A few weeks ago I had a significant birthday – one of those ones that ends in zero, and having got over the disappointment that I have to wait another 3 years to get my bus pass, I decided that I wanted to spend my birthday walking and camping in the sunshine in the Pyrenees.

A birthday bridge?

If you ever get the chance to go to Andorra – jump at it, it’s beautiful, clean and peaceful and while very few people speak English, they seemed content to let me rabbit on in sentences that mixed my vocabulary from my schoolboy French, German, Spanish and English. So with the help of arm waving and speaking slowly and loudly I assembled the ingredients for my birthday dinner – a superb piece of wild boar Serrano ham, a sheep’s milk hard cheese, some olives, and a few pickles for a starter, and a beautiful piece of steak, some new potatoes and selection of fresh vegetables. Yes you can imagine the gestures and noises to establish that the ham was from a wild boar, and the cheese from a sheep.

On B day minus 1, I found the perfect spot for the special dinner – about 30 minute’s walk from the head of the valley road, fantastic views, a small bridge over a babbling stream of snow melt water, space for a wild camp site and a barbecue base for an open fire – just the party I had imagined.

B day turned into the biggest low pressure system stuck over Andorra, with thunder, lightning and torrential rain – the vision was no longer realistic, the location at least would have to be changed – more arm waving and jumbled languages established that the sun was shining further south and east in the foothills of the Spanish Pyrenees. So to a camp site run by Frau Grumpy – more of her special brand of customer service in another guest blog.

And to begin…

Well the location had changed but I still had the wild mint and thyme picked the day before, and I had my trusty Primus Eta Express – the best lightweight camp stove I’ve ever owned – boils enough water for a pint mug of tea in less than 2 minutes. But could I still recreate the vision, with a single burner stove and a one litre pot? Or should I take the easy but disappointing option of a one pot stew, or the even easier or more disappointing option from Frau Grumpy’ s camp site “restaurant” of sausage und salat. How did a miserable German end up running a camp site in a beautiful part of Spain?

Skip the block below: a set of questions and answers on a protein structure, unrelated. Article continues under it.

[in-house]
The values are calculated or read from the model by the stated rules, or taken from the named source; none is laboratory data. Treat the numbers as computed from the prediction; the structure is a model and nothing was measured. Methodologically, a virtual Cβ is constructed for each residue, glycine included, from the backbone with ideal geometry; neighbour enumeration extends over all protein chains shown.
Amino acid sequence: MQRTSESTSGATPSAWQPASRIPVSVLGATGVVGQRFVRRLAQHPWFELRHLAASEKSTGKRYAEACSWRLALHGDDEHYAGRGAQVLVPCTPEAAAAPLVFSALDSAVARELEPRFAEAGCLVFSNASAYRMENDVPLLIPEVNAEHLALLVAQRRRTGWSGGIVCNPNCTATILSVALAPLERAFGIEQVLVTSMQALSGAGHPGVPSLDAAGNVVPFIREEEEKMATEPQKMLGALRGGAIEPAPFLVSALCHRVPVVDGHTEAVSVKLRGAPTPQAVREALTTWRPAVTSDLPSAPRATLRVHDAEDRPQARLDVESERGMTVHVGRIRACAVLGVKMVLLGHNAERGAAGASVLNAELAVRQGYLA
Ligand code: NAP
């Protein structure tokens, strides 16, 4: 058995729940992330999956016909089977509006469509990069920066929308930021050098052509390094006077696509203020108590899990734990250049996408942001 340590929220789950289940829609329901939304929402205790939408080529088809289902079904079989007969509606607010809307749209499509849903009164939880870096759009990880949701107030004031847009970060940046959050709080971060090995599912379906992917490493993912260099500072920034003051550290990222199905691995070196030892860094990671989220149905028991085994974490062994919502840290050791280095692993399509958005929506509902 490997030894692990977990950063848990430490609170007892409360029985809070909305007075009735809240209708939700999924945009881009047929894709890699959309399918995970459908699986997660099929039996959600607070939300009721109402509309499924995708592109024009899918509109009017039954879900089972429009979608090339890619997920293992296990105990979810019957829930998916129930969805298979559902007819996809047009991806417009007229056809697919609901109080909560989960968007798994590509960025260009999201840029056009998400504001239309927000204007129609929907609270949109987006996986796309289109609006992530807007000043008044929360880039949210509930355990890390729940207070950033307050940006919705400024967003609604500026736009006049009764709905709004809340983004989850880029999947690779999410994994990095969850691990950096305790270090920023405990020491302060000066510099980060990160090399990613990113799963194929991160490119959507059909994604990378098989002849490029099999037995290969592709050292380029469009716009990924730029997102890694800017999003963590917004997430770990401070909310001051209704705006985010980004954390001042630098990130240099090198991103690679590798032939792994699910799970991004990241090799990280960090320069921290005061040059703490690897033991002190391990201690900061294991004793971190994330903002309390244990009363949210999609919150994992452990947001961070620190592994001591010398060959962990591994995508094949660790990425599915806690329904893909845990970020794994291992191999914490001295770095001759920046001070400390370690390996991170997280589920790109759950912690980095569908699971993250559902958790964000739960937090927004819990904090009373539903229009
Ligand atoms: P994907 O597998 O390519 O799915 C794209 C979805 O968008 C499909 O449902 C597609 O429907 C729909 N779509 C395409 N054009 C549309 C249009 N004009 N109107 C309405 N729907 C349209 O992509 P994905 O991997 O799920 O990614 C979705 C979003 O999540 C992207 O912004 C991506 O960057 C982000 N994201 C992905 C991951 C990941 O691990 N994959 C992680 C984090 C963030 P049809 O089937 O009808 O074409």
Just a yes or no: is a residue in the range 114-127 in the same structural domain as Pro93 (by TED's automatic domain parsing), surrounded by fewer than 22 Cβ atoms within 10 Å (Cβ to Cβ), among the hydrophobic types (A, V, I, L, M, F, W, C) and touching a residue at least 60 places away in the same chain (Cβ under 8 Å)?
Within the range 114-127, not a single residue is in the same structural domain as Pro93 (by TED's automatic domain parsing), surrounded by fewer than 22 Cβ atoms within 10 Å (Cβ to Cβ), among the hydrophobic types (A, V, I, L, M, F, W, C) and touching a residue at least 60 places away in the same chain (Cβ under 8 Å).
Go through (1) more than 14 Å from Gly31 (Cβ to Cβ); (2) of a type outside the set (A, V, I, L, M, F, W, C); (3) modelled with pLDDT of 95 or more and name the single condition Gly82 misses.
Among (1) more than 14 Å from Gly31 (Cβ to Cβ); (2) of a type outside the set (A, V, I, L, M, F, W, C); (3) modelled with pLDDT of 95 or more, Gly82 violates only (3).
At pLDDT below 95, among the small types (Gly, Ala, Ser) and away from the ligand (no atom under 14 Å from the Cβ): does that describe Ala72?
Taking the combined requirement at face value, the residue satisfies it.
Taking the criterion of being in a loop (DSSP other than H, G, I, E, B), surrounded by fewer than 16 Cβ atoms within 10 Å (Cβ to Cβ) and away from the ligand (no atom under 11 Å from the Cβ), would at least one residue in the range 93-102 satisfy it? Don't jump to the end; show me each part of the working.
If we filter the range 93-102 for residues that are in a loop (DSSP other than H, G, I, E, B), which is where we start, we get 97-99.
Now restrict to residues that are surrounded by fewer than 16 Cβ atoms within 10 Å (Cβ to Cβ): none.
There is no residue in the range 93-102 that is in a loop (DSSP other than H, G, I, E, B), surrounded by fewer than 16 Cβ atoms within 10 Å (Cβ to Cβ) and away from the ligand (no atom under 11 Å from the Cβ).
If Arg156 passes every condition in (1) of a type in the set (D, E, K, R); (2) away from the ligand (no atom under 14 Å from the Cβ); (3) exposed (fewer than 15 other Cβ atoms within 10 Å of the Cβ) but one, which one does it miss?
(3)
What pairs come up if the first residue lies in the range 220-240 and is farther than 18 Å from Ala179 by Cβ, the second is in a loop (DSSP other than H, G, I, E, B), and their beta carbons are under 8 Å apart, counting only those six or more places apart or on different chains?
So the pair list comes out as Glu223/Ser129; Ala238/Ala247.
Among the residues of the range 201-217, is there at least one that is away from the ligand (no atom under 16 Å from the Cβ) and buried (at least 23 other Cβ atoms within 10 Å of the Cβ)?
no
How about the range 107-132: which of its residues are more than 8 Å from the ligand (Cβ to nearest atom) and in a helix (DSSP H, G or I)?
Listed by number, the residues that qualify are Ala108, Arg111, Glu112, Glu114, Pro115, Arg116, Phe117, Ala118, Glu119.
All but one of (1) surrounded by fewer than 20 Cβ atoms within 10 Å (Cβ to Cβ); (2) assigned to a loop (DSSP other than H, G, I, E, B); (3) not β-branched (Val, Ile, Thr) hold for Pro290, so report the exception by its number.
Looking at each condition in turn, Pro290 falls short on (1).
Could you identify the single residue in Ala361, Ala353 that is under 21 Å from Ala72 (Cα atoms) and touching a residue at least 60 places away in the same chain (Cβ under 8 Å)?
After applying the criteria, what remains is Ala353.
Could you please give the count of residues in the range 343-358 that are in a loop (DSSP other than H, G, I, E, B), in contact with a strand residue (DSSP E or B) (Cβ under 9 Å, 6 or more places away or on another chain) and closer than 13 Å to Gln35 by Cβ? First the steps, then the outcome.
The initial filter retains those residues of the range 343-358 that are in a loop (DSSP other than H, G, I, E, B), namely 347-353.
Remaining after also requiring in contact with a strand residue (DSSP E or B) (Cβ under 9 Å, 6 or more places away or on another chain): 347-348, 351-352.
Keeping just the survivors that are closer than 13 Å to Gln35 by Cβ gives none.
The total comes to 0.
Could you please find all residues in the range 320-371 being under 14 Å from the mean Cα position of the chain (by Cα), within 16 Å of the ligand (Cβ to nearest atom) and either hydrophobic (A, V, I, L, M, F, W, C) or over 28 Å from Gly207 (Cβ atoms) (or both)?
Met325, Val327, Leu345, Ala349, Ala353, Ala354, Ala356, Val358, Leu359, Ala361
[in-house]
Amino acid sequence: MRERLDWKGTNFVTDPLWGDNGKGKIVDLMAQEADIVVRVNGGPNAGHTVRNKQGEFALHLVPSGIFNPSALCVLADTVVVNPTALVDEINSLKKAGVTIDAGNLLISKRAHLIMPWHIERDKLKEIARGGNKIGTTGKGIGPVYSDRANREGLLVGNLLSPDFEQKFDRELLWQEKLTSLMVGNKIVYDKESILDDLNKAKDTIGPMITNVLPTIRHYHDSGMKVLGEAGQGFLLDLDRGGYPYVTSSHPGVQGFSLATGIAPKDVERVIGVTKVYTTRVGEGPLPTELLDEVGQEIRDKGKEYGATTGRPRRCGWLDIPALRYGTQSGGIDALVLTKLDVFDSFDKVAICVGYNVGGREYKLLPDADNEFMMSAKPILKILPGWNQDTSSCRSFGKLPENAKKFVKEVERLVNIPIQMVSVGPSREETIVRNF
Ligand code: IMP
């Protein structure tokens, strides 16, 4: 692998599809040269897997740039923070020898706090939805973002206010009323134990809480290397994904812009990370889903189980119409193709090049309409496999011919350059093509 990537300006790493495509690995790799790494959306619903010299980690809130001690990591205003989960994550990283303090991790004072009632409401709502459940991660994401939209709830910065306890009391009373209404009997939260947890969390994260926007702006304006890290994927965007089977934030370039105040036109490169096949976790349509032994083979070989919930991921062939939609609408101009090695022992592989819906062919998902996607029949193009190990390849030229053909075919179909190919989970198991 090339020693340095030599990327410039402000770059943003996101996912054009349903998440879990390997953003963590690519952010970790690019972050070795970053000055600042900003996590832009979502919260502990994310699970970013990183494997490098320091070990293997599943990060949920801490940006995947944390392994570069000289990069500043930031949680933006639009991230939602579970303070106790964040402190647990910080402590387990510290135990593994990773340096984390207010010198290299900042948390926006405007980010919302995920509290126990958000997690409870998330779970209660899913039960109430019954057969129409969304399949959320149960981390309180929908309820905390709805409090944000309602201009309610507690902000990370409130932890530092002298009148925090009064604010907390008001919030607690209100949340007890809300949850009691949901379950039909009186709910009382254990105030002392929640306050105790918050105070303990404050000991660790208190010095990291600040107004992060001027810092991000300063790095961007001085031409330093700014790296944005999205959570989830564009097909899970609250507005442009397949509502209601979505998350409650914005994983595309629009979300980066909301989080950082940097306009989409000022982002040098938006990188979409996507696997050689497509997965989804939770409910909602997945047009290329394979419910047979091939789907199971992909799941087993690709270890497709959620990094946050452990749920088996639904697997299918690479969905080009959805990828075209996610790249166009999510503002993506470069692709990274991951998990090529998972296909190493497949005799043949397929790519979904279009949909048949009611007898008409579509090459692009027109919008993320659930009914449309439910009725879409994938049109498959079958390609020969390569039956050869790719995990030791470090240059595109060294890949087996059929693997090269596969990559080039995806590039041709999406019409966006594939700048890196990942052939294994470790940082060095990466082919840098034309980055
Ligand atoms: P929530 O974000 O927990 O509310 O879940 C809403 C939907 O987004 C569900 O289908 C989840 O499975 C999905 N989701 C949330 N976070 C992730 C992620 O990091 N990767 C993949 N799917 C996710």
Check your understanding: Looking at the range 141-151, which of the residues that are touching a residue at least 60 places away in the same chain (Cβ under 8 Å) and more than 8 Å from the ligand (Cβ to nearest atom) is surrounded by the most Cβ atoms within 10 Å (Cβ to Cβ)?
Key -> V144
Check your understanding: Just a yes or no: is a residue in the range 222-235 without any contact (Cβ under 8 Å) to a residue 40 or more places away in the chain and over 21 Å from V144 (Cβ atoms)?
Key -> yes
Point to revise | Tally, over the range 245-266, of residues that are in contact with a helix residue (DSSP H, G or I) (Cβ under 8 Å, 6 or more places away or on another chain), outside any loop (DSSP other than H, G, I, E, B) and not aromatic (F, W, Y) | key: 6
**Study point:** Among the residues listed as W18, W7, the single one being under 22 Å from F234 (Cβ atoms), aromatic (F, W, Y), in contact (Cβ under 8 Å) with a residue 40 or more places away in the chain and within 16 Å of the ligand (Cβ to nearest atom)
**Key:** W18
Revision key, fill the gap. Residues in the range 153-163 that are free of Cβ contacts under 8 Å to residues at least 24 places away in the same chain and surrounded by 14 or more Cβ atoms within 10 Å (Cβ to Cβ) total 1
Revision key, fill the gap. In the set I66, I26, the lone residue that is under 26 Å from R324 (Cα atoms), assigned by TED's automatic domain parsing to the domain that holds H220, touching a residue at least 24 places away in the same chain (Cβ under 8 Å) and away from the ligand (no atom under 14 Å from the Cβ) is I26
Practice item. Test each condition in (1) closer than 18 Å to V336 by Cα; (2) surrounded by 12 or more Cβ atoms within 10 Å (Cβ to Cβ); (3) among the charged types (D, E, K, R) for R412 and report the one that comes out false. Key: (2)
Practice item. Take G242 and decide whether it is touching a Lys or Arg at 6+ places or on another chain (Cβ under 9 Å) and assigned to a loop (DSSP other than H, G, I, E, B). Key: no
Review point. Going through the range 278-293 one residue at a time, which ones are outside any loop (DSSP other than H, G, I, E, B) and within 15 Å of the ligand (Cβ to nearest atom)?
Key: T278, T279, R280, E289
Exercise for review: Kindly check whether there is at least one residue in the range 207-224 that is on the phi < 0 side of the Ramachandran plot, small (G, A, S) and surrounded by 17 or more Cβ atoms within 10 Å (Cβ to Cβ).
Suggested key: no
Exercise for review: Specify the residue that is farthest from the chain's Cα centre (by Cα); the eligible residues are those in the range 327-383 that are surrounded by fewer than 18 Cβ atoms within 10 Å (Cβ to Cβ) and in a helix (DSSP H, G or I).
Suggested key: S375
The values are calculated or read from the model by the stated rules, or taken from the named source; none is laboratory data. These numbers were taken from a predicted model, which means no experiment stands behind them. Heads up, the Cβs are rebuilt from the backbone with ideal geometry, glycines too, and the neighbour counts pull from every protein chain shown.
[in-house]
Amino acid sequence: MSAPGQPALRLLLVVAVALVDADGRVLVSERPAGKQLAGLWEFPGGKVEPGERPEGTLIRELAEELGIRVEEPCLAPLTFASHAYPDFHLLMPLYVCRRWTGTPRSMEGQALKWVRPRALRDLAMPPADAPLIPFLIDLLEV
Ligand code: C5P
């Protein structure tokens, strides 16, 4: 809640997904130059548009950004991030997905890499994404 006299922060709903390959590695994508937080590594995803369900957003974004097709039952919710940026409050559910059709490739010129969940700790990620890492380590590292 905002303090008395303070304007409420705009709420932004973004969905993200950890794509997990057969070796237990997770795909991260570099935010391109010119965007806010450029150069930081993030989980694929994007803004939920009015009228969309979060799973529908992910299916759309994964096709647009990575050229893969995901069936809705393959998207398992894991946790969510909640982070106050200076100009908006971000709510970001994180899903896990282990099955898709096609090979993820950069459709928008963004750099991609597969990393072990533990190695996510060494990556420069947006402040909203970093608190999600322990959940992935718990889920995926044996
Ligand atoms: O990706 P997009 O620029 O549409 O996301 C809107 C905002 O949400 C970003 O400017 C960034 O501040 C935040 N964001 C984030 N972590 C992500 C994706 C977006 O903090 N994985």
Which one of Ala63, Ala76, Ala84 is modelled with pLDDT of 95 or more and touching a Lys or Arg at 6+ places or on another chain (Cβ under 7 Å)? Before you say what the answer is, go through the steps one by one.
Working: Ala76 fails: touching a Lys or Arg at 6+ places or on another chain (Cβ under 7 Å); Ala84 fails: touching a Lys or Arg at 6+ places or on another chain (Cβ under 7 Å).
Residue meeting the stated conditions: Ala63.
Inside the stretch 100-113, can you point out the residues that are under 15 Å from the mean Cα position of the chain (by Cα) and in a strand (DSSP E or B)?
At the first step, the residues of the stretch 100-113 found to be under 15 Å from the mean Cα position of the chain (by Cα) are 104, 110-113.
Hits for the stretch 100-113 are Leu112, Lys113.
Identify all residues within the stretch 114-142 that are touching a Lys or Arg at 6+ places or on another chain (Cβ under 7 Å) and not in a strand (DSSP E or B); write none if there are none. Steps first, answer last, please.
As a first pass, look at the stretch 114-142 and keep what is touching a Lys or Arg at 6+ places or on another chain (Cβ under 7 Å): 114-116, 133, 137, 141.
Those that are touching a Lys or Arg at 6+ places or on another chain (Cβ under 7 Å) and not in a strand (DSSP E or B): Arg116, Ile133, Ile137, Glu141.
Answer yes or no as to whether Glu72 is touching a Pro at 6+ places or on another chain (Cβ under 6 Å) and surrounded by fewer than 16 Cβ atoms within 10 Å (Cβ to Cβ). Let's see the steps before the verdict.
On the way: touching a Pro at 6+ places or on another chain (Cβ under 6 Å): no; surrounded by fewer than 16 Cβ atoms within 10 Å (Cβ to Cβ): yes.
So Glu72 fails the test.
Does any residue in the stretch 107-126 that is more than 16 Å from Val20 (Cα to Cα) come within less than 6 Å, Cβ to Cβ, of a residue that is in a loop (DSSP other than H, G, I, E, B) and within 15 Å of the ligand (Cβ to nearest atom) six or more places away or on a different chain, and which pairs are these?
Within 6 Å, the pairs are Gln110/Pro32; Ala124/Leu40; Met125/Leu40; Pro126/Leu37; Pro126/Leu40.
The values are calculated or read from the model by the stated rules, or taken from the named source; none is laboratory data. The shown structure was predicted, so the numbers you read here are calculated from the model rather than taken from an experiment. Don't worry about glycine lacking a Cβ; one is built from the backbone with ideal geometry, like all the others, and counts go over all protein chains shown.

I can still be a petulant 60 year old child – I had dreamed of steak, minted new potatoes, and roasted vegetables – and Frau Grumpy helped reinforce that desire.

Could the Eta Express deliver – well why would you ever doubt it, just a bit of creative thought required. First almost cook the potatoes with the fresh mountain mint, drain, plate up wrap in a T towel and stuff in the sleeping bag to finish cooking and keep warm. Then with an excellent Spanish olive oil blast the chopped onions, courgette, peppers and mushrooms with some fresh mountain thyme – crunchy and bronzed, and while they keep warm in the cooking pot use the lid to quickly fry off the perfect rare steak.

The main event

Now I was pretty pleased, but of course the 2004 Gran Reserva Rioja may have had something to do with that.

Beans on toast

The evening after the extravaganza that was Old Bull and Bush training day was a tired but happy occasion.  A beer, then thinking about food for us at home.  The cooking team had not used the venison steaks, so they were available.  But I really couldn’t face any more cooking or fine dining after the spread created by the team.  It’s a bit like when you have been on holidays and had meals out a lot, or been on one of my training courses at a hotel – which tend to be eat-athons.

You just want something simple.  And quick.  And tasty.

And in that situation nothing gets close to beans on toast.  Nothing compares or competes.

Naturally, I faff about a bit, adding some lemon juice to the already fine Branston Low Sugar and Low Fat beans (with no added sweeteners – which just seems daft to add fake sweet instead of sugar).

RANT:  When you buy ‘low fat’ anything, just check the labels.  You will often find the tasty and quite healthy fat has been replaced with corn syrup or other sugar.  I firmly believe that sugar and sugar addiction makes us more obese than dietary fat.  Cheap groundnut oil, often grown in plantations that used to be Amazonian rain forests not only contribute to global warming, but also make us more likely to be fat.  The easiest thing to do is buy less convenience stuff – which they can adulterate – and make more of your dinners from scratch.  You then have control.  You can find a lot of advice in my book, “Can Men Cook?”  You will also find stories and jokes.  I think it may be the first cook book you can read like a novel!

But beans are good.  Three minutes from tin-opener to gob.  What’s not to love?

Birthday Dinner – Royal Oak, Marlow

The Royal Oak, Marlow.  Quite a common name for a pub – I think maybe The Red Lion and The Kings Head beat it with  numbers – but not with food at this place!